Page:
The origin and evolution of human glutaminases and their atypical C-terminal ankyrin repeats.
ABSTRACT: On the basis of tissue-specific enzyme activity and inhibition by catalytic products, Hans Krebs first demonstrated the existence of multiple glutaminases in mammals. Currently, two human genes are known to encode at least four glutaminase isoforms. However, the phylogeny of these medically relevant enzymes remains unclear, prompting us to investigate their origin and evolution. Using prokaryotic and eukaryotic glutaminase sequences, we built a phylogenetic tree whose topology suggested that the multidomain architecture was inherited from bacterial ancestors, probably simultaneously with the hosting of the proto-mitochondrion endosymbiont. We propose an evolutionary model wherein the appearance of the most active enzyme isoform, glutaminase C (GAC), which is expressed in many cancers, was a late retrotransposition event that occurred in fishes from the Chondrichthyes class. The ankyrin (ANK) repeats in the glutaminases were acquired early in their evolution. To obtain information on ANK folding, we solved two high-resolution structures of the ANK repeat-containing C termini of both kidney-type glutaminase (KGA) and GLS2 isoforms (glutaminase B and liver-type glutaminase). We found that the glutaminase ANK repeats form unique intramolecular contacts through two highly conserved motifs; curiously, this arrangement occludes a region usually involved in ANK-mediated protein-protein interactions. We also solved the crystal structure of full-length KGA and present a small-angle X-ray scattering model for full-length GLS2. These structures explain these proteins' compromised ability to assemble into catalytically active supra-tetrameric filaments, as previously shown for GAC. Collectively, these results provide information about glutaminases that may aid in the design of isoform-specific glutaminase inhibitors.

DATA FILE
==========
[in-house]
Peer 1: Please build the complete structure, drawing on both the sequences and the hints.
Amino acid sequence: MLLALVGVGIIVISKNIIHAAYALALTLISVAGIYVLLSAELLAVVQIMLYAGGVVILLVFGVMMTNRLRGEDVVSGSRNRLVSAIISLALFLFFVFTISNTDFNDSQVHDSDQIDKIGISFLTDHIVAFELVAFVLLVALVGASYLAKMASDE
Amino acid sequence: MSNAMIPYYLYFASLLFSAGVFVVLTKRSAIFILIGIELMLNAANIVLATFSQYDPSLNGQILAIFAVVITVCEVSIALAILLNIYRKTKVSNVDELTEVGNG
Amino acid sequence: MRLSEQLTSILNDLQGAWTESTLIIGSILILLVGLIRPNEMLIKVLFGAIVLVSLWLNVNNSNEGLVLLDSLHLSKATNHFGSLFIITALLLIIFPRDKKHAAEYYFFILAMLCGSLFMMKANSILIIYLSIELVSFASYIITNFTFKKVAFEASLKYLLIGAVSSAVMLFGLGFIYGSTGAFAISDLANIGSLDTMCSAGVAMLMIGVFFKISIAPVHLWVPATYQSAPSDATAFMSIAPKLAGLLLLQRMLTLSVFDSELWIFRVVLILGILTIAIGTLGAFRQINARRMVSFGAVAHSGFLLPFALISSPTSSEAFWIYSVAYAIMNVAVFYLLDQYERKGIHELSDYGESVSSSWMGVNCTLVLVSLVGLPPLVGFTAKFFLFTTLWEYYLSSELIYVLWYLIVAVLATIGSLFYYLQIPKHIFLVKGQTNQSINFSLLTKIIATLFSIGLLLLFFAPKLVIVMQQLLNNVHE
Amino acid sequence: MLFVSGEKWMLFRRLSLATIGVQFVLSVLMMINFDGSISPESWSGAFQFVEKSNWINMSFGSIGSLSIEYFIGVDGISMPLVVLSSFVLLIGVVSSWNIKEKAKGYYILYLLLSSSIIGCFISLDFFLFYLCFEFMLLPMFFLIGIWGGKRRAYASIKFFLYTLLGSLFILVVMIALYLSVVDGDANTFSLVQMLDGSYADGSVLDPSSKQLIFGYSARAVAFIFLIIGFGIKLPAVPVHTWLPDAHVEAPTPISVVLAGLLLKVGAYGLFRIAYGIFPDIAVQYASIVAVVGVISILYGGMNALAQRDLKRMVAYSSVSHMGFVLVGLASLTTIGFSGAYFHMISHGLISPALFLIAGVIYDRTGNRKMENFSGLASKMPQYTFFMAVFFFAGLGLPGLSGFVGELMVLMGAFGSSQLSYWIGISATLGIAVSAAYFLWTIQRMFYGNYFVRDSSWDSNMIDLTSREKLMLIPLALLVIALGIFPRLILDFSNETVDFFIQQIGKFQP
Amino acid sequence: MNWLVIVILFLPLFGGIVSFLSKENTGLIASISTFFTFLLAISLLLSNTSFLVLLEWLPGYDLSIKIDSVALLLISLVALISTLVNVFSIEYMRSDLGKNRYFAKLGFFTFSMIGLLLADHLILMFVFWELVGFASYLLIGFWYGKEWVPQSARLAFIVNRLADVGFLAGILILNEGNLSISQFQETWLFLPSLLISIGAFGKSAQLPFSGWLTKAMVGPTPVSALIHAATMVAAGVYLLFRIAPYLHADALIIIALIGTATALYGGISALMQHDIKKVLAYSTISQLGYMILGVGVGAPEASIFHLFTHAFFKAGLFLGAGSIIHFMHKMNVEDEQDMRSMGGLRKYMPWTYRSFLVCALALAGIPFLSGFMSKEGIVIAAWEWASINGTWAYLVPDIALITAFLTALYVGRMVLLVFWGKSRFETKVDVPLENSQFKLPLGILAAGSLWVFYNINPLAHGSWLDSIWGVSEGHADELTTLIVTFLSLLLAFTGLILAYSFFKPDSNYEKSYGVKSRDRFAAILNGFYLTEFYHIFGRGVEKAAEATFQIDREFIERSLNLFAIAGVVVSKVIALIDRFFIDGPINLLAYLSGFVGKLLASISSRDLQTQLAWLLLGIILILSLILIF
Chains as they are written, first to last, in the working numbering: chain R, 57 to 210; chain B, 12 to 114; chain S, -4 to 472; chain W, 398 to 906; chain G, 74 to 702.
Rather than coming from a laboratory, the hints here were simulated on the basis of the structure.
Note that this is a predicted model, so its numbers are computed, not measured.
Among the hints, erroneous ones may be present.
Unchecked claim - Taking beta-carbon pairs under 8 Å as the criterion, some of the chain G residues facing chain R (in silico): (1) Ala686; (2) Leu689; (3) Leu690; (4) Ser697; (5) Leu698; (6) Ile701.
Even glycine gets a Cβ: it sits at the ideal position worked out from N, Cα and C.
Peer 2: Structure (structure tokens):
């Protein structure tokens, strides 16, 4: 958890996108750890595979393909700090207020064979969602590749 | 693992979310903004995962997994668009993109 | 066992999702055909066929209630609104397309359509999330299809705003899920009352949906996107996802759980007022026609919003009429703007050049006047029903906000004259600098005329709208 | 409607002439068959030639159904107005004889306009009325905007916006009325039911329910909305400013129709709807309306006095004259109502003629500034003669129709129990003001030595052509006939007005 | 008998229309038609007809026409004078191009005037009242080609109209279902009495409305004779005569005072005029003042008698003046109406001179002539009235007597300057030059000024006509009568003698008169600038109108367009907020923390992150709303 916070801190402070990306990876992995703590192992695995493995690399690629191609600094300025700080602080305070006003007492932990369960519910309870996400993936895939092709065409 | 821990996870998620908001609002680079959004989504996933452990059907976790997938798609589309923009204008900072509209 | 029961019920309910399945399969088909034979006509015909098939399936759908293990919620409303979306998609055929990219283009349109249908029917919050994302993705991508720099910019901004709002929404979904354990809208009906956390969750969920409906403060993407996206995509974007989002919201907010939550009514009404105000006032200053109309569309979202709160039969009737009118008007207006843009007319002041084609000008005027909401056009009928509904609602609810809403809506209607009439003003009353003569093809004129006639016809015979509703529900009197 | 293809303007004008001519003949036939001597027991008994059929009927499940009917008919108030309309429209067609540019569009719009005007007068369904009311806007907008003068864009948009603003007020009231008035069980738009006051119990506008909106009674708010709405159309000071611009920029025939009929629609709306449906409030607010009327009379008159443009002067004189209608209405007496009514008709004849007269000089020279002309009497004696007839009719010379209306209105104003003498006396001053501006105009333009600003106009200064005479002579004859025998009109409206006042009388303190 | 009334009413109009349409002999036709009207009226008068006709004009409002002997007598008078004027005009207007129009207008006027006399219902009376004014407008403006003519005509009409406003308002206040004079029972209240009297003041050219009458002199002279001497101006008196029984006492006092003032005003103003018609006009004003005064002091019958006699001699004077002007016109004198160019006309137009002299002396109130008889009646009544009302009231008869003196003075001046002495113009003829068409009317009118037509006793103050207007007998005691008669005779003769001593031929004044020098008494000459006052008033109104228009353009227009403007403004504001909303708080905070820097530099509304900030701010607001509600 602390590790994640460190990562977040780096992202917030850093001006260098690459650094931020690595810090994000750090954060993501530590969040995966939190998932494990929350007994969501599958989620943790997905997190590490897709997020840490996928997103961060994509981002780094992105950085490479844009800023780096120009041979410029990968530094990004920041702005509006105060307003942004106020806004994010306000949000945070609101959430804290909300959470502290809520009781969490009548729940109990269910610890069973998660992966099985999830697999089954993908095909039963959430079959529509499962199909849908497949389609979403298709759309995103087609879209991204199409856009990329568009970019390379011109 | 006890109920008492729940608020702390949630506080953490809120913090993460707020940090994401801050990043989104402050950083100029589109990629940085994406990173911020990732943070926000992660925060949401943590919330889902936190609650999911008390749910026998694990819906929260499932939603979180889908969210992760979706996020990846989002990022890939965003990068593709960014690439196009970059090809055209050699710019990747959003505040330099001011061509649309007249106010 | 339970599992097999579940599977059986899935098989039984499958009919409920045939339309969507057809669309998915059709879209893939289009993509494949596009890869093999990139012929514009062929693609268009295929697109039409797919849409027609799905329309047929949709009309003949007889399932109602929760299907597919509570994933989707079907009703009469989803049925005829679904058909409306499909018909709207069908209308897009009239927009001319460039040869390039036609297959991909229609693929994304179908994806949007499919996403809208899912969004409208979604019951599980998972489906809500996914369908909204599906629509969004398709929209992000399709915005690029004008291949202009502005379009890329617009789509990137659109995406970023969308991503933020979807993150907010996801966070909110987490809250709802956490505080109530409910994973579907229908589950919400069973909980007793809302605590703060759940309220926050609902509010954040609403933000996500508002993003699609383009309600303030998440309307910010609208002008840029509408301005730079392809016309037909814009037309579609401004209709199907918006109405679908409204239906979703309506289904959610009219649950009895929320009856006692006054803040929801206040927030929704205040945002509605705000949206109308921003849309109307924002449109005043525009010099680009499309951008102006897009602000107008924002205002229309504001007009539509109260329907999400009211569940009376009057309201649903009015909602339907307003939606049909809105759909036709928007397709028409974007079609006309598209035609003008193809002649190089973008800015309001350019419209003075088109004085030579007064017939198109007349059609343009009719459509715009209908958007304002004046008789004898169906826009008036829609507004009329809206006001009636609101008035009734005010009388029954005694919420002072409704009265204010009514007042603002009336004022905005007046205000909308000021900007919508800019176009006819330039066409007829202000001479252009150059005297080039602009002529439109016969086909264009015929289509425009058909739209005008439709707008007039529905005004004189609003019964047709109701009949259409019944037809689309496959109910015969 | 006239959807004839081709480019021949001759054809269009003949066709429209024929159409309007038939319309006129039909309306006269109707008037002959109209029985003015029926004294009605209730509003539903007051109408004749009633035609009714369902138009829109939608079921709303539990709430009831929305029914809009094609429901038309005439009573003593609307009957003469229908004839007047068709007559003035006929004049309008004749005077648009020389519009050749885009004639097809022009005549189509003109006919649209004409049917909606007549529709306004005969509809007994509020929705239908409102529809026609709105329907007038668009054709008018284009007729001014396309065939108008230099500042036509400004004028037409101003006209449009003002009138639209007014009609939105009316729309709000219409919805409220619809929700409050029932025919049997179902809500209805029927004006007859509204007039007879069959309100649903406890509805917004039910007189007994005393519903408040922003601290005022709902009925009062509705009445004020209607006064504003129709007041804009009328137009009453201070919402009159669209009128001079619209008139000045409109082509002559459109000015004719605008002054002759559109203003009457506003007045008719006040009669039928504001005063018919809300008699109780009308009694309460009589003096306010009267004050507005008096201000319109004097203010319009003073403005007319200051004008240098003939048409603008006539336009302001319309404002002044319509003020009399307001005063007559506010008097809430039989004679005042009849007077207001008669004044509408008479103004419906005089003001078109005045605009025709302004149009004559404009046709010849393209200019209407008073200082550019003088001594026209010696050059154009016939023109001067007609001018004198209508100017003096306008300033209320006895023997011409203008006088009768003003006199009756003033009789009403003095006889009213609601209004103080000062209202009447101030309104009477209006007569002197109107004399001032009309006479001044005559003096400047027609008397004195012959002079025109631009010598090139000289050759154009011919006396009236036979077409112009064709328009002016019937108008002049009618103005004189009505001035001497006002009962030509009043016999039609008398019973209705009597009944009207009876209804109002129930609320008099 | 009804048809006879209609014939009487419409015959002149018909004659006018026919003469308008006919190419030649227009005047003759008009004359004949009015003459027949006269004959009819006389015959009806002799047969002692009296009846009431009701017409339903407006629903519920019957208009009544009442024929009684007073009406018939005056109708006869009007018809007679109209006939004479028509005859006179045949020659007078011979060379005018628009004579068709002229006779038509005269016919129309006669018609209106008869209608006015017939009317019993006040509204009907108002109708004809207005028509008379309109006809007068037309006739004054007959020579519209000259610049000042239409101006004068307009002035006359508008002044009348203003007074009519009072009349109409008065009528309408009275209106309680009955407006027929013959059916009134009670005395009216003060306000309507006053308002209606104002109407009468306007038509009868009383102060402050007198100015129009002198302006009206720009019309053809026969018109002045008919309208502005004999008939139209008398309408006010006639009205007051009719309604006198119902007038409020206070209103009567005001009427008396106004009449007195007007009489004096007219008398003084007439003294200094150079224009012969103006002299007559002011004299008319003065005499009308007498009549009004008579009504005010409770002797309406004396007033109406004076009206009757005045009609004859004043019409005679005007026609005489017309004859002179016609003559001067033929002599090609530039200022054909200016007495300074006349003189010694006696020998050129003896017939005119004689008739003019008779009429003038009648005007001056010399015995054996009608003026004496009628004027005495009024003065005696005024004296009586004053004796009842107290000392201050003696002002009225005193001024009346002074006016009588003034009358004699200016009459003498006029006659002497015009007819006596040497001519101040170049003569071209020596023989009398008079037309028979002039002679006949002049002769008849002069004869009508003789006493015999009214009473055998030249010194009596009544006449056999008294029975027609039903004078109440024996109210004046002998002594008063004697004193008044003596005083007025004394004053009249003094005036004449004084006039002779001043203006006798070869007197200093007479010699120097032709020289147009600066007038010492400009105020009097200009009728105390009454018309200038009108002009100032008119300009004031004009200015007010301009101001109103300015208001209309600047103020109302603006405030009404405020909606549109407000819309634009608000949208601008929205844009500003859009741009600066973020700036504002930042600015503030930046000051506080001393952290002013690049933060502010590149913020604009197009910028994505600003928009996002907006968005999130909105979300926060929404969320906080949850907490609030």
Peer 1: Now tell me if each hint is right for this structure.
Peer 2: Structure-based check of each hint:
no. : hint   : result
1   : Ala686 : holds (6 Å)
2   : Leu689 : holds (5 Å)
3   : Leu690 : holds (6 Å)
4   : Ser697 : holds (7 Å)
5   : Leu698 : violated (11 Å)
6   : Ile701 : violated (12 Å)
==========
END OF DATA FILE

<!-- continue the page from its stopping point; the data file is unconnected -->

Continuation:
Project description:Glutaminase, which converts glutamine to glutamate, is involved in Warburg effect in cancer cells. Two human glutaminase genes have been identified, GLS (GLS1) and GLS2. Two alternative transcripts arise from each glutaminase gene: first, the kidney isoform (KGA) and glutaminase C (GAC) for GLS; and, second, the liver isoform (LGA) and glutaminase B (GAB) for GLS2. While GLS1 is considered as a cancer therapeutic target, the potential role of GLS2 in cancer remains unclear. Here, we discovered a series of alkyl benzoquinones that preferentially inhibit glutaminase B isoform (GAB, GLS2) rather than the kidney isoform of glutaminase (KGA, GLS1). We identified amino acid residues in an allosteric binding pocket responsible for the selectivity. Treatment with the alkyl benzoquinones decreased intracellular glutaminase activity and glutamate levels. GLS2 inhibition by either alkyl benzoquinones or GLS2 siRNA reduced carcinoma cell proliferation and anchorage-independent colony formation, and induced autophagy via AMPK mediated mTORC1 inhibition. Our findings demonstrate amino acid sequences for selective inhibition of glutaminase isozymes and validate GLS2 as a potential anti-cancer target.